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Gojek founder Nadiem Makarim quits CEO position to work for Indonesian government

By Ashley Lucas

Nadiem Makarim, Gojek founder and CEO, joins Indonesian President Joko Widodo’s cabinet as the minister of education and culture. Senior executives Andre Soelistyo and Kevin Aluwi will be taking over the tech giant’s operations as co-CEOs.

  • Gojek, a unicorn valued at $10 billion with more than 20 services, changes leadership
  • Makarim will remain a passive shareholder of Gojek
  • The Gojek founder deems his appointment as a move towards the country’s innovation 

Nadiem Makarim, the founder and chief executive officer (CEO) of Gojek, announced his departure from the ride-hailing tech company on 21 October to join Indonesian president Joko Widodo’s new cabinet. He has been appointed as Minister of Education and Culture as of 23 October.

“I am very happy to be here today as it shows we are ready for innovation and to move forward,” Makarim shared to the media upon his surprising announcement. President Widodo who is on his second term, has been vocal about his intention to “recruit” young executives for key positions in his Cabinet.

Handing over the responsibilities

With this sudden development, observers are wondering what will happen to Gojek, which is on the verge of further expansion in the the Asia Pacific.

Upon his appointment, Makarim will no longer have a role in the business but will remain as a passive shareholder. He is handing over the company to Gojek co-founder Kevin Aluwi and group president Andre Soelistyo who will serve as co-CEOs.

Makarim shared this statement upon his appointment: “High emotions are involved in running a company like Gojek but Andre and Kevin are always the steady voices of reason, approaching problems with intelligence and compassion. I couldn’t ask for better successors as the Gojek movement begins its next stage of growth.”

The new structure will have Aluwi focusing on the product development elements of the business, marketing, organisational development and the transportation and food delivery businesses. Soelistyo, on the other hand, will focus on the corporate functions and management of capital allocation, international expansion as well as the payments and financial services businesses. The two senior executives shared this statement upon Makarim’s announcement.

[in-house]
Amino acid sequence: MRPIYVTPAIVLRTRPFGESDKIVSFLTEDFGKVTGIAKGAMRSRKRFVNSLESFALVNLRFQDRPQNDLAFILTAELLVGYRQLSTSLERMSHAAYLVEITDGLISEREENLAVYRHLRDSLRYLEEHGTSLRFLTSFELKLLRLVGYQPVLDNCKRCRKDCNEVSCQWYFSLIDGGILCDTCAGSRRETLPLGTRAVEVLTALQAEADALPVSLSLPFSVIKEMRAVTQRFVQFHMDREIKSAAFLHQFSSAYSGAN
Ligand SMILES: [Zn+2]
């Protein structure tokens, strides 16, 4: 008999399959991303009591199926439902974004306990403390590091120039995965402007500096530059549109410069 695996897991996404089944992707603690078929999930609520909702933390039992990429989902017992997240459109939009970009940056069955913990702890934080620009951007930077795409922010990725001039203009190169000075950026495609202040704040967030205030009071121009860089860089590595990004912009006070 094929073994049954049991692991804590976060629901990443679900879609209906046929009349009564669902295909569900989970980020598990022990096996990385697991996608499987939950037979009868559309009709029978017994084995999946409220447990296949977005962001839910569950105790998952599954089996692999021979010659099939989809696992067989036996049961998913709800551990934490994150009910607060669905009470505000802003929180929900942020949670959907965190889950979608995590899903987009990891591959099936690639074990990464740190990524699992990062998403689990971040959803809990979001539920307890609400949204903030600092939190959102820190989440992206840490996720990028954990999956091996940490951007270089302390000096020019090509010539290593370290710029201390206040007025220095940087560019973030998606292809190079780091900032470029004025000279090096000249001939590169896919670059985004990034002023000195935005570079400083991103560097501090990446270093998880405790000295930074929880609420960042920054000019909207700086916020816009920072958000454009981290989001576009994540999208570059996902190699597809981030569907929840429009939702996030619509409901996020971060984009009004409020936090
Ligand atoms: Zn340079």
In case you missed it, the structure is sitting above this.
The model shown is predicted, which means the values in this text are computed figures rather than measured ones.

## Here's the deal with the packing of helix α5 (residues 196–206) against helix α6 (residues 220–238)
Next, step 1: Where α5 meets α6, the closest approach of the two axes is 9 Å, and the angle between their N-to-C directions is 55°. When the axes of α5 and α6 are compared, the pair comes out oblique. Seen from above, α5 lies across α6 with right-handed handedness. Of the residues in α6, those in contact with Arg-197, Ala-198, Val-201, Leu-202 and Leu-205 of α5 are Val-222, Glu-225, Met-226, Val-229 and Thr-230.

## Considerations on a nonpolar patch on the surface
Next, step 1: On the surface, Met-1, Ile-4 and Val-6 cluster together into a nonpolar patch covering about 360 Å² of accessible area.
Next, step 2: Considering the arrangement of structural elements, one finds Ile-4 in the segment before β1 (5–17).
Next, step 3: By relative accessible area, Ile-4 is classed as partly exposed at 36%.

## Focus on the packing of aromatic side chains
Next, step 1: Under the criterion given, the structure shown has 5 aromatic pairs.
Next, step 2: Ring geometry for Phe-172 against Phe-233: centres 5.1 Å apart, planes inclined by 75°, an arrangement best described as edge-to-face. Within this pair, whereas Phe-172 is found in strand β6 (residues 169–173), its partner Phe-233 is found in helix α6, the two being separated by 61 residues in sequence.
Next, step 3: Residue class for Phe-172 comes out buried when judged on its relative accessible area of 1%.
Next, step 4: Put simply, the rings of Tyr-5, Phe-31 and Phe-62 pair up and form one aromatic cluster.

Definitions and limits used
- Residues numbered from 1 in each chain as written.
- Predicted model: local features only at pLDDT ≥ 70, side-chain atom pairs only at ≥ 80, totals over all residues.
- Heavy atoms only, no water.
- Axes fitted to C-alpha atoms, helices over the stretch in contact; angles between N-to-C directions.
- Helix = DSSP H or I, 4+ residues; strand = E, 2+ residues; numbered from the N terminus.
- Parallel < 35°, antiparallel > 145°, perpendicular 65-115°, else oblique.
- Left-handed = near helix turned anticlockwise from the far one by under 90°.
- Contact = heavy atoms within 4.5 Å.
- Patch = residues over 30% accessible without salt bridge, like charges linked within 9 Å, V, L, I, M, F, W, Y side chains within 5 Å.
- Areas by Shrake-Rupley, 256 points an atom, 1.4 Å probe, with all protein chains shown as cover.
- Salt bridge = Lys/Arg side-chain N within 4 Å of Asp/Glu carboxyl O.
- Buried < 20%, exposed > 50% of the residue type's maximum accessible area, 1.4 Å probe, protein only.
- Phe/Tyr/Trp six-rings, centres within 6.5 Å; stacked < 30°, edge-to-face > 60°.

“When a friend and mentor leaves a business you have built together, there is always going to be some sadness, but we are both determined that Gojek will go from strength to strength. We will continue to implement our vision as we focus on what the Gojeck of the next 10 years is going to be like. This company has changed the lives of so many people in Indonesia and around the region and our key priority is to ensure that we can continue to act as a positive force in society for the foreseeable future.”

Founded in 2010, Gojek has grown from a ride-hailing startup into a tech giant with a suite of more than 20 services. The company received significant traction when it launched its own app in 2015. About a year later, it officially became a unicorn with more than a million drivers in green jackets navigating the big cities of Indonesia.

Earlier this year, Central Bank Governor Agus Martowardojo also made a surprising move similar to Makarim’s. He retired from his position as Indonesian central bank governor and finance minister to become the president commissioner of Tokopedia, another unicorn tech company known for empowering the society through technology.

These recent developments are being taken as positive indicators of Indonesia’s growth that both sectors can go hand in hand in propelling the country to the global stage. Martowardojo joined Tokopedia to “support the company’s aspirations for inclusive economic development,” while Makarim will contribute his experience and “invent a number of breakthroughs to create ready-to-work human resources” for the development of Indonesia.



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